I’m up early, as usual.

It’s been rough of late.

Turning back the clocks this year has simply meant that I’m often up at four rather than five o’clock. This is a crummy new development and I’m still figuring out how to best live with it until I’ve reset my circadian dial.

Not long after the return to Eastern Standard Time and the darkness it envelops us in, my working life slipped into fast forward with new contracts coming in before old ones had reached their endings, and I’ve felt a little bit like I’m drowning (marinating?) in fluctuating stress hormones ever since.

At four in the morning
Tree at four in the morning (Photo: mine)

These passages are always anxiogenic.

I know this, and am frustrated with myself, because no matter how many such cycles just like this one my work puts me through, I don’t seem to get much better at warding off the waves that upset the balance in my life.

The moment I realized that I would only be able to manage all of the work (by manage, I mean do it well enough and with joy!) if I cut back on seeing my grandchildren and friends and suspended my writing, I began to feel a weight on my chest and a whispering sadness.

Time, lately, has been like a box that encloses me (or maybe this image comes to mind because, as the amount of online Christmas shopping I’ve been doing has increased, I’ve been piling up those brown shipping boxes).

It has also felt like a greased rope that’s slipping through my hands. It has felt like my oppressor.

This is both fact and figment.

I’m preoccupied with good reason. There aren’t really enough hours in the day. The balance is too precarious.

And yet, my students have been wonderful; my husband has been cleaning up a storm at home; my son Christian has been cooking up delights while his brothers have been the bringers of only good tidings and kindness; my grandchildren and friends have been understanding. And this teaching wave will crest on December 23rd.

Dusk in winter. Yesterday.- photo: mine

So: I’m not one iota less grateful for all of it, just woefully inadequate to the task of applying all of the wisdom gained from life experience, my yoga practice, and from being loved by good, good people.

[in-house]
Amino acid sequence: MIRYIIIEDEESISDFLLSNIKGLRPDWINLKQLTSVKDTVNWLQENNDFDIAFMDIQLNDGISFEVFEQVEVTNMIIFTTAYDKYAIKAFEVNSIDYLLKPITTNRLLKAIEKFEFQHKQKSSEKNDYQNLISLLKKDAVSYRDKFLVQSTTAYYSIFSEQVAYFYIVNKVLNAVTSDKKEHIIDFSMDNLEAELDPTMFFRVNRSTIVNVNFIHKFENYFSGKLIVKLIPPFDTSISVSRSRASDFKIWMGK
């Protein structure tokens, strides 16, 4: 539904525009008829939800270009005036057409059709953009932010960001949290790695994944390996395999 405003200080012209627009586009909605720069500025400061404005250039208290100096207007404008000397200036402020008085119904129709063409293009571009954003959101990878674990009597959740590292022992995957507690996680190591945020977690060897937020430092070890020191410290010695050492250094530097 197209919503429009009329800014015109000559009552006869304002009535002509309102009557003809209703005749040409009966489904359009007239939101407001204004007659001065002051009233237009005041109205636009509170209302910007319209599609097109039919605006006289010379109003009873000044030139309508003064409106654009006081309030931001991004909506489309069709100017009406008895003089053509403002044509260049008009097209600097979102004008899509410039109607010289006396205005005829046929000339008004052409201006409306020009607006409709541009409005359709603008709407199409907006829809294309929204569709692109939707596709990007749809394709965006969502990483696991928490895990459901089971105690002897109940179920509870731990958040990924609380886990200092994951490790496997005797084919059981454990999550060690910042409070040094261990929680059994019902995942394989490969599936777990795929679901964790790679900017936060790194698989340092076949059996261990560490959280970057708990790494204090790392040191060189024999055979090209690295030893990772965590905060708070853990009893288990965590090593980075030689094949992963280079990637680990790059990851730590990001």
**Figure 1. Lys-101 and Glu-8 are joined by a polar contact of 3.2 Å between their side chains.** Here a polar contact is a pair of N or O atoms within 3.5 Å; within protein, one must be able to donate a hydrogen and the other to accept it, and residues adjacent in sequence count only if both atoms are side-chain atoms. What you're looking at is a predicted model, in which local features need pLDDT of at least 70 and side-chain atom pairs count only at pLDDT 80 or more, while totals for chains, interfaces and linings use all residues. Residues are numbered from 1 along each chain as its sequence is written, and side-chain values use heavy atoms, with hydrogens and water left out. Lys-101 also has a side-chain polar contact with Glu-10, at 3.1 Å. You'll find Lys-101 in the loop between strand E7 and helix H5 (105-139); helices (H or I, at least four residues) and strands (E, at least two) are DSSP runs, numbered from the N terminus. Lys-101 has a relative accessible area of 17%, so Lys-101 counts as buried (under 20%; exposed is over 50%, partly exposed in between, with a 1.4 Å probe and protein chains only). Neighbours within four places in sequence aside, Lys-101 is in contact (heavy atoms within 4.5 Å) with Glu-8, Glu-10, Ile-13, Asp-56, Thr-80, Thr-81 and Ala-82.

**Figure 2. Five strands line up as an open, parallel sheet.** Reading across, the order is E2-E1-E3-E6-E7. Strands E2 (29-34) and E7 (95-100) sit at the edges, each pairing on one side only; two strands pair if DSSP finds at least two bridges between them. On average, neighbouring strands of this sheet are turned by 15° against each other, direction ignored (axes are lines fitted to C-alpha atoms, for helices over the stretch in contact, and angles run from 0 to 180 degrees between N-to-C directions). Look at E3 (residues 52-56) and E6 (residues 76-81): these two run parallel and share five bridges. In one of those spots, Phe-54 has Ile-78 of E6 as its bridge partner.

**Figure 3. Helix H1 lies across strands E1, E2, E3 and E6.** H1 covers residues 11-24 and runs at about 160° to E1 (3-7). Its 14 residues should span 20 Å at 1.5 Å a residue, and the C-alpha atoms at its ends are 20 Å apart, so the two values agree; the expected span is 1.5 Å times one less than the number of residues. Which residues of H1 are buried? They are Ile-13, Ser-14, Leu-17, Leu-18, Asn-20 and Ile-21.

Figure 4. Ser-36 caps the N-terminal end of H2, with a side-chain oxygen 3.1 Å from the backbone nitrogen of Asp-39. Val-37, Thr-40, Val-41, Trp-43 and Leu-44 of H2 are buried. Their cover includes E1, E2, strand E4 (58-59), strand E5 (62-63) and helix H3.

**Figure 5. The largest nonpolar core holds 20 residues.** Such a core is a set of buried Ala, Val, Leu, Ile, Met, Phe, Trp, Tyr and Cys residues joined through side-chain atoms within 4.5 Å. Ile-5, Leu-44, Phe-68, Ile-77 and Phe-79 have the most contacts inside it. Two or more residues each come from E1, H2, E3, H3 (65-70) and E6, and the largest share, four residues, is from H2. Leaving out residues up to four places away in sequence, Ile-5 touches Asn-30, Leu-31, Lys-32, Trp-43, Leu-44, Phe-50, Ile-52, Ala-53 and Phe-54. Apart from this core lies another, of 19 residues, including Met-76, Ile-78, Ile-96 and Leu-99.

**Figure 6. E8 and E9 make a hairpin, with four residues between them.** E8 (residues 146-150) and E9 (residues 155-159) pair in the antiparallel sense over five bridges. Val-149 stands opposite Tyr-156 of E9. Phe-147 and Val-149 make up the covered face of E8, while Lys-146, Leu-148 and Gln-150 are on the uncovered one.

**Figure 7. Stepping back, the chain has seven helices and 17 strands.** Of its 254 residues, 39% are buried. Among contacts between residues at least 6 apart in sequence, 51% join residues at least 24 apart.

I’m a slow learner indeed. Part of the problem—a very big part, I’ve come to realize—has been that making the adjustments to teach three new groups that all have very different needs, and balancing the seven others, has taken all of the time that I would otherwise devote to writing.

Writing—this thing that I’m doing right now—seems to have become necessary. I don’t know at what moment this became a fact, but there it is.

Early dawn under the maple-photo: mine
Early dawn under the maple-photo: mine

Writing is my daemon. Being separated from it causes me distress that only increases as the days pass. Being able to return to it this week, finally, has helped me to feel both relief and a kind of hopefulness.

Strange. The library blogs I was finally able to write this past week (in English and then in French) were about the recent, merciless unmasking of Italian novelist Elena Ferrante.

It was a new experience for me to write about an author whose work I haven’t even yet read, but something about the story of this woman being dragged against her will into the media spotlight last October 2nd really got to me.

The vast majority of the reaction pieces to Ferrante’s aggressive “outing” that I read were by women writers with whom I couldn’t help but feel a kinship. There’s the ominous scent of something regressive in the air these days and we are picking it up.

But I think that I connected to Ferrante’s fate for more personal reasons as well, because everything indicates that her ability to create and write are contingent upon her ability to walk the tightrope between fact and fiction that she believes is only possible for her in anonymity—that space that allows her to hide in plain sight.

She has been stripped of the conditions necessary to the practice of her art.

Winter sky at dusk. photo: mine
Winter sky at dusk.
photo: mine

It isn’t very Zen to state that there are elements upon which my happiness depends, but today, and every day previous, this has been so.

My existence as a living being is nurtured, like tree roots, by my connections to all of the people I love and care about—these are roots I want to continue to grow till they connect with the vastest possible network—and by those that I create through my work and my writing.

"Our winter sky at night, a sight to behold." -photo by Christian Daoust
“Our winter sky at night, a sight to behold.”
-photo by Christian Daoust



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